By Albert Flynn DeSilver Writing as a Path to Awakening is a dynamic and fun process using mindfulness as a way to deepen your writing practice and expand your creative potential. Spiritual practice has always brought insight to my writing—increasing the flow of ideas, the big open inclusive ideas of beauty and of being and of surrendering to a state of love and compassion. Too often we get pigeon-holed into false conceptions of ourselves. There are a million distractions, negative self talk, old voices of doubt and self recrimination often holding us back. We experience it in the form of writer’s block, in the creation of flat characters, in novels left half-written collecting dust on the table. I know if my heart of hearts when people have a safe place to express their true poetic self they can realize who they really are, and this process of awakening can change the world. If you take a look at the great spiritual teachers from around the world— Gandhi, the Dalai Lama, Amma, Thich Nhat Hanh — …

Floral Notes and Bardo: I Showered Today

Floral Notes and Bardo: The Creative Chronicles of a Shambhala Mountain Resident is a regular feature on the SMC blog in which a member of our staff/community shares his experience of existing as part of Shambhala Mountain Center. This morning, my skull was a-buzz, body tagging along, narrator giddy and ignorant.  Empty chair across from me — an invitation to settle.  I don’t need a real god to sit there and watch me.  And, I don’t need a real me to write. Strolling down the hill after morning song with Heather, my nose in-and-out of a book — Shantideva/Pema — I got fifteen minutes of reading and studying in on the way down the hill.  Then contemplated a line while in the shower.  I showered today. As the schedule has shifted, and my location, and everything, my routine –scattered — I haven’t been showering very much.  Apparently it is not as important to me as: breakfast, meditation, writing.  Anyway, my body is clean today, and I have a good feeling about the days ahead.  I planted …

Q&A: Susan Piver Discusses the Writer’s Groove and “Fearlessly Creative”

By Travis Newbill Susan Piver leads Fearlessly Creative: A Meditation and Writing Retreat, December 20-23 A couple of common obstacles that most writers–or would be writers–encounter: 1) No time to write! 2) The fear of putting the pen to the page (err, typing words into the computer). Meditation teacher and New York Times Bestselling Author Susan Piver has a remedy. It involves structuring daily life in a way that is conducive to creative work, and…practicing meditation. Does that sound simple? Impossible? Worth exploring? This weekend, Susan will be leading a retreat at SMC which is intended to provide a space for writers to find their groove and produce work, and also to model a routine which will allow them to live more fully as writers in their daily lives. Recently, Susan took some time to discuss the retreat. So, what is the intended purpose of this retreat? Susan Piver: If you have something that you want to work on—a book, a memoir, anything—this program is meant to provide a container for you to do so. …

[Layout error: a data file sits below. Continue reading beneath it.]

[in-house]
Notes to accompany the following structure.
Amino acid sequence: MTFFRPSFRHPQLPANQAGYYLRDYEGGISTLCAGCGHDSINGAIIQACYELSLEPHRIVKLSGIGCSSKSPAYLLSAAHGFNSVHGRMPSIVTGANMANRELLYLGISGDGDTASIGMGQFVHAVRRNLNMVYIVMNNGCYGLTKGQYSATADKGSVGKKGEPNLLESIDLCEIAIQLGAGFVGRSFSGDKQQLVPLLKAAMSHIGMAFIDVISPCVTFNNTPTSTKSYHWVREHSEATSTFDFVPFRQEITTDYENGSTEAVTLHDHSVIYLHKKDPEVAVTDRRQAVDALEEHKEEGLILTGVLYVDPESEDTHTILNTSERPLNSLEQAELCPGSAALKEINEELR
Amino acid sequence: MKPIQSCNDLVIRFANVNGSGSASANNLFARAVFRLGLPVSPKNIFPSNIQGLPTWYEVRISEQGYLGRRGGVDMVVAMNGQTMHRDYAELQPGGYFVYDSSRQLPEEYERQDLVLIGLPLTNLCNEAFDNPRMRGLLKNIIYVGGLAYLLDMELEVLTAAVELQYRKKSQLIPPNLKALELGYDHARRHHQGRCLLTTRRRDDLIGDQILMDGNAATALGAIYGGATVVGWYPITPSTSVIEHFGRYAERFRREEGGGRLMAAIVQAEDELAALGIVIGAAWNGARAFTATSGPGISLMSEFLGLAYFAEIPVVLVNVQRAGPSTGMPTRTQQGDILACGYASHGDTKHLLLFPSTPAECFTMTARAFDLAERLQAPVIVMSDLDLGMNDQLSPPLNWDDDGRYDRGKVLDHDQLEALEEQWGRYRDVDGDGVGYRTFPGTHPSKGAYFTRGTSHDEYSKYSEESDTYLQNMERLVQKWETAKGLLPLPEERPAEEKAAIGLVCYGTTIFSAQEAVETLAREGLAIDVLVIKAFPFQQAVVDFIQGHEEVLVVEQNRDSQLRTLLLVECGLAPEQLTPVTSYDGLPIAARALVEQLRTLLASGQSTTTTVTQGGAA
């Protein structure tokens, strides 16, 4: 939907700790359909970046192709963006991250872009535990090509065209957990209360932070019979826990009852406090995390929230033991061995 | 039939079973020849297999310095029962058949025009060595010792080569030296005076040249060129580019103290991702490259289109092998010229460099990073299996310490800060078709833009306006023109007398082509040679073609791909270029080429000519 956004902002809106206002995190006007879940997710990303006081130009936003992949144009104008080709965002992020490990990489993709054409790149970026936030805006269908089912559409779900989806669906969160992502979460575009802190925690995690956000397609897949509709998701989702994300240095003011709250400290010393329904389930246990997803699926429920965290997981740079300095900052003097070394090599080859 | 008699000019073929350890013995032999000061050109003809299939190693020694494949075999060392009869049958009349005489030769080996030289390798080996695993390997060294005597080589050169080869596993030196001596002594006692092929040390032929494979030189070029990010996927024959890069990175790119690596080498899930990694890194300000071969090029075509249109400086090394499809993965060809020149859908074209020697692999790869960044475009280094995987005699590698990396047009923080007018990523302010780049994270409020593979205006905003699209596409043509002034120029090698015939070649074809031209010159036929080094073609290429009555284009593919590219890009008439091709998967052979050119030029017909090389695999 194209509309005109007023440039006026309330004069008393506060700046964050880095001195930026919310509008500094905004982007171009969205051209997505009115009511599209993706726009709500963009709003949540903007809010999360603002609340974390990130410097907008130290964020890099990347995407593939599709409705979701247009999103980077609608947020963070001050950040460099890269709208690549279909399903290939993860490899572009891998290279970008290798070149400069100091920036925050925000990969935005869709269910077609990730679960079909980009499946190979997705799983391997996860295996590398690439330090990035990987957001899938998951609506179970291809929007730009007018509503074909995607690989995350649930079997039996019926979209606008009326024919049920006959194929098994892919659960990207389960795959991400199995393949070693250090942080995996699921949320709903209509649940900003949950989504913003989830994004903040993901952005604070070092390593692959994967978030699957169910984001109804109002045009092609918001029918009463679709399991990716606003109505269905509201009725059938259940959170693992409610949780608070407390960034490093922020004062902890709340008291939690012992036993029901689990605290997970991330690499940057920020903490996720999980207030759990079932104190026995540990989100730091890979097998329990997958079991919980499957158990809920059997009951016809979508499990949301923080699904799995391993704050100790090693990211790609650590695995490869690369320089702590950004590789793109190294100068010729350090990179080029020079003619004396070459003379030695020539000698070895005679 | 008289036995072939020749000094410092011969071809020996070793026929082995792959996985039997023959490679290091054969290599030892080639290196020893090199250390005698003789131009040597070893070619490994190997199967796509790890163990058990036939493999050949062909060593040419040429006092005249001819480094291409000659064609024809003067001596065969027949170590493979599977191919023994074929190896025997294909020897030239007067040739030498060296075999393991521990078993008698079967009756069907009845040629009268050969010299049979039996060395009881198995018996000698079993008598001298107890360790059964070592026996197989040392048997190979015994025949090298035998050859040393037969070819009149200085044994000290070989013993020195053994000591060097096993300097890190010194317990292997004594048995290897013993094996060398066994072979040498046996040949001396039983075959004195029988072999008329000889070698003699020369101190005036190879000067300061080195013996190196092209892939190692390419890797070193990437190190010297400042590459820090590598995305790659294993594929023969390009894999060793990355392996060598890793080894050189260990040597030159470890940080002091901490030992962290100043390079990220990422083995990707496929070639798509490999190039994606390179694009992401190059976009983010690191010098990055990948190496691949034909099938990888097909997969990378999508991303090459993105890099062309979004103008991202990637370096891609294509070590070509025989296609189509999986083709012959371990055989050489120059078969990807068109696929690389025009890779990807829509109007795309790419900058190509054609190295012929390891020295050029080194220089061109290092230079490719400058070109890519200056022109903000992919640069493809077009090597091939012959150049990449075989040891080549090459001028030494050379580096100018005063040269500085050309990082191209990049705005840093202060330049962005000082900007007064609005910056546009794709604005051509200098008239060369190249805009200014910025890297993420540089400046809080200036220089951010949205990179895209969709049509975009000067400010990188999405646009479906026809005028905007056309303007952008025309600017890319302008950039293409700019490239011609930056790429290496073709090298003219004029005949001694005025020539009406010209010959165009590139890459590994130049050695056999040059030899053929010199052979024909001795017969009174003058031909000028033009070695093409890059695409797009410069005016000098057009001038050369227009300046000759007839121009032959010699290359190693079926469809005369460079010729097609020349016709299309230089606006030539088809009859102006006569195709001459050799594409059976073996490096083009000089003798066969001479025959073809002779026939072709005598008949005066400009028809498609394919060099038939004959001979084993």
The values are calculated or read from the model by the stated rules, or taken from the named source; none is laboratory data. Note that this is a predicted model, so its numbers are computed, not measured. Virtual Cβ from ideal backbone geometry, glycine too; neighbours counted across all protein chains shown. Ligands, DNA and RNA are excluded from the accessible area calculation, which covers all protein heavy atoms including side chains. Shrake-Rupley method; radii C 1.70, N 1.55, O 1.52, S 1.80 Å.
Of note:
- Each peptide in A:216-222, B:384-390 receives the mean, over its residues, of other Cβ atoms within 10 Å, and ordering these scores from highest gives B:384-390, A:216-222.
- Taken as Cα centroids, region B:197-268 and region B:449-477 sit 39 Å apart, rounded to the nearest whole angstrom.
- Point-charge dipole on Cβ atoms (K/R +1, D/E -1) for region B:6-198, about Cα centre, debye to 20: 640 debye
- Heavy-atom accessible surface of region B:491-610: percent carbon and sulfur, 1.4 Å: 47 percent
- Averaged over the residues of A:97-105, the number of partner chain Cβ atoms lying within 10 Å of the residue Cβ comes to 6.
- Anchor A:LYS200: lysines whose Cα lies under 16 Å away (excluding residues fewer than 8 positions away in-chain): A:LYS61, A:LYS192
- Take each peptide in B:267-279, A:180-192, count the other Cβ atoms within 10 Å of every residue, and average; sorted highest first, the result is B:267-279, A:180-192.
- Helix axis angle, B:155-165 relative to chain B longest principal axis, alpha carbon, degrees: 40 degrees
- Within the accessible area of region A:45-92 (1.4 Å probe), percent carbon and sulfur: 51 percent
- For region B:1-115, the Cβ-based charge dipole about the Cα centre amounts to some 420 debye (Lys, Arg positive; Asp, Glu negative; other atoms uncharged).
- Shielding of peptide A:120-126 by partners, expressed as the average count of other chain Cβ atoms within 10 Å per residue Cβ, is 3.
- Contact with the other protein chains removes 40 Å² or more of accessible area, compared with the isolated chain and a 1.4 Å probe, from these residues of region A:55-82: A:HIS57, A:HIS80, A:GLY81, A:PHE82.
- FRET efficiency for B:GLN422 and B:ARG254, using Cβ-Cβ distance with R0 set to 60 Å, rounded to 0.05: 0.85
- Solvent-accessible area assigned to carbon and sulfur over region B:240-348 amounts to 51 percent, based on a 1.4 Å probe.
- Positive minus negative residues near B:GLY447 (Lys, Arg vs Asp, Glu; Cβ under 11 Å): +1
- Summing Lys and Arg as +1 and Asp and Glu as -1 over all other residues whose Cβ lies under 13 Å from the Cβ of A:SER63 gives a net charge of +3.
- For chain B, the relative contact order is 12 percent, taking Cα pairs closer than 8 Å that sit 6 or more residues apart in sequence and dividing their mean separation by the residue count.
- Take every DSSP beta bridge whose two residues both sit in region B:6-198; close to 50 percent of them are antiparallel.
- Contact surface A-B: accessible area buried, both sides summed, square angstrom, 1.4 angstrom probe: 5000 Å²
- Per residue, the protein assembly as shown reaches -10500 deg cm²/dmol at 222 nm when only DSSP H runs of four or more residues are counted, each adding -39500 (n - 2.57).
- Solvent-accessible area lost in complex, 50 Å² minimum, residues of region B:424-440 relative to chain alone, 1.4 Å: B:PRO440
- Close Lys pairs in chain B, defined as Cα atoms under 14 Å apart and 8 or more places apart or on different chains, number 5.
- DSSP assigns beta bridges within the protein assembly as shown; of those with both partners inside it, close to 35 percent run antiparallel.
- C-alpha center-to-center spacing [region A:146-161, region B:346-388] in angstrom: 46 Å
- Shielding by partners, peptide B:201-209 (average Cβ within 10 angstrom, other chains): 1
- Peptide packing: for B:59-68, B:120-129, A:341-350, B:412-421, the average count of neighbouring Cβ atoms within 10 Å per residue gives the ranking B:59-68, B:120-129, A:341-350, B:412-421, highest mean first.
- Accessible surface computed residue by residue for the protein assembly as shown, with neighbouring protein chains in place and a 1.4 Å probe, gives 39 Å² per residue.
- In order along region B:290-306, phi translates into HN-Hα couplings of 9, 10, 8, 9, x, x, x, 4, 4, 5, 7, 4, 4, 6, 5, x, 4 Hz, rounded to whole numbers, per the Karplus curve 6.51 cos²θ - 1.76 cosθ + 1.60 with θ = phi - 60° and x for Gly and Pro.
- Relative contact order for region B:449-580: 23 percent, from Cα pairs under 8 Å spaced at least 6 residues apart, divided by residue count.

HOW TO BEGIN: Some notes upon arrival

By Bhanu Kapil Some years ago, in India, I was walking down an ordinary residential street behind my mother’s house – hard-baked pink dust, wilted jasmine flowers underfoot, shimmering blue oblongs (the Himalayas) in the distance. I was very far from home, from Colorado (now my home) and from everything that might function as a kind of psychic or practical ground. Perhaps you have walked down a street like this. Perhaps you have experienced the distance as a quality in your own body. On that day, there was too much space, too many contrasts between the different kinds of colors that the world is composed of in any instant: the pale silver of the sky punctuated by the emerald and scarlet flare of a child’s kite above me dipping and tucking on a roof. Perhaps I am simply describing a kind of homesickness in reverse; the way an immigrant might experience the strangeness of not being “at home” at the instant that they find themselves in the place that they are “from.” Perhaps this happens …